The ACR was part of a 16-member collaboration that created a set of 21 principles on prior authorization and utilization management, intended to ensure that patients receive timely and medically necessary care and medications and reduce the administrative burdens. More than 100 other healthcare organizations support those principles. Now, the AMA has released the results of a new physician survey highlighting the significant negative consequences prior authorization (PA) has on patient access to care and treatment. Example: Medical practices complete an average of 29.1 PA requirements per physician per week, which takes an average of 14.6 hours to process—the equivalent of nearly two business days.
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Negative Impact on Timely Care
Anecdotes about the patient care delays and practice burdens caused by health plans’ onerous prior authorization (PA) requirements are common, but quantitative data to substantiate these stories have been limited until recently. Results from the new PA survey provide strong evidence of the significant impact this burdensome process can have on patients and physician practices. Results from the survey of 1,000 practicing physicians clearly show the negative effect that PA can have on timely patient care. Among surveyed physicians, 64% reported waiting at least one day for PA decisions from health plans, and 30% reported waiting at least three business days.
These wait times translate into patient care delays, with 92% of physicians saying that PA sometimes, often or always delays access to necessary care. These delays may have more serious implications for patients; 78% of physicians reported that PAs can lead to treatment abandonment. Moreover, an overwhelming majority (92%) of physicians indicated that PAs can have a negative impact on clinical outcomes.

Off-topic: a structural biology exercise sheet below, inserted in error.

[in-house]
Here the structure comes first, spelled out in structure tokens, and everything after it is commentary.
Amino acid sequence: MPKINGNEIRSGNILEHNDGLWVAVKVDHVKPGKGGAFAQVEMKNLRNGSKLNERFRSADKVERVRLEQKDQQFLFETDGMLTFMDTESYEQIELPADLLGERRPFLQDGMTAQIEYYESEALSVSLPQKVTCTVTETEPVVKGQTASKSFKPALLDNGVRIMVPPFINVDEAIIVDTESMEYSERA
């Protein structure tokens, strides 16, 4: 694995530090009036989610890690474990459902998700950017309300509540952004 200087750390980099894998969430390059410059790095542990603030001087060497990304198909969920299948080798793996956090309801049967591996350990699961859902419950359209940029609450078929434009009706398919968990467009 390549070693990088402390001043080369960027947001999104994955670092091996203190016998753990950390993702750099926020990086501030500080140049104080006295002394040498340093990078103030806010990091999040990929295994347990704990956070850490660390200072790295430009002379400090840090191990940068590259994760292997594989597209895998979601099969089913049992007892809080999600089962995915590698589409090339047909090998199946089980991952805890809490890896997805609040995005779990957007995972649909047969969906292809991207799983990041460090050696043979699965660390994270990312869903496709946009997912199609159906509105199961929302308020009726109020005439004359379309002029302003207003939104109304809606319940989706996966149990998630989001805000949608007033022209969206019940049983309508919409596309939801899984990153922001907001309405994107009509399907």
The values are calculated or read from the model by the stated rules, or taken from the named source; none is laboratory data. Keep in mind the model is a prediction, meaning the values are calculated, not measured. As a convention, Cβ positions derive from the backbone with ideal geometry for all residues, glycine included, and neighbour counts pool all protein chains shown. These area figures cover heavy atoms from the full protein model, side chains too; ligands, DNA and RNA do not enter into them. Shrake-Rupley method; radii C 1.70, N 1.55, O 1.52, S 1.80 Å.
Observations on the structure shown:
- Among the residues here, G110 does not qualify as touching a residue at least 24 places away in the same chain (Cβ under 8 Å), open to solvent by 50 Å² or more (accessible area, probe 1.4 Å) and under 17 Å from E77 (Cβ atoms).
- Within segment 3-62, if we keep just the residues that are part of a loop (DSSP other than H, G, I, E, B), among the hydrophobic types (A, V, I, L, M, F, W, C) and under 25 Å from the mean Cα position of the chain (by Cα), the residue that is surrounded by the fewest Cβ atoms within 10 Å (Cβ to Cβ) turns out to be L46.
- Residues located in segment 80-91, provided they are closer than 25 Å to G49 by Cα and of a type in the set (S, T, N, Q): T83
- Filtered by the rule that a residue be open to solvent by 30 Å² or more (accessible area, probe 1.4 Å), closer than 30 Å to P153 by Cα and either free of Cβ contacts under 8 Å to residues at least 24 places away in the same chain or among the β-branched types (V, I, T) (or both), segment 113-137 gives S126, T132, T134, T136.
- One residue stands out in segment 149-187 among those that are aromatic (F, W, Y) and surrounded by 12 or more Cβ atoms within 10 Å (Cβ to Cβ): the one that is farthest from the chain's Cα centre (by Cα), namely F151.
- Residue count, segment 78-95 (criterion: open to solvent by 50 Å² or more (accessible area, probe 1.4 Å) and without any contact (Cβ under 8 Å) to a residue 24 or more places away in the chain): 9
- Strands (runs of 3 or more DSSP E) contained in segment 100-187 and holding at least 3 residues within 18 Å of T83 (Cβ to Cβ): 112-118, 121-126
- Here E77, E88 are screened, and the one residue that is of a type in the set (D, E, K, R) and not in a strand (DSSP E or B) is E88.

The survey also addressed the burdens imposed on physicians and their staff by PAs. The survey results show that practices complete an average of 29.1 PAs per week per physician, with this PA workload requiring 14.6 hours—nearly two business days—of physician and staff time. Not surprisingly, 84% of physicians characterized PA-related burdens as high or extremely high. PA hassles have also been growing over time, with 86% of physicians reporting that PA burdens have increased over the past five years.
These data reinforce the need for strong advocacy efforts on PA reform. The AMA has undertaken a major campaign to urge health plans to right-size PA programs. In January 2017, the AMA, the ACR and a coalition of 16 other organizations representing physicians, hospitals, medical groups, pharmacists and patients released a set of 21 Prior Authorization and Utilization Management Reform Principles. These principles, which have been formally supported by more than 100 additional provider and patient groups, spurred conversations with health plans about the need for significant reform in PA programs.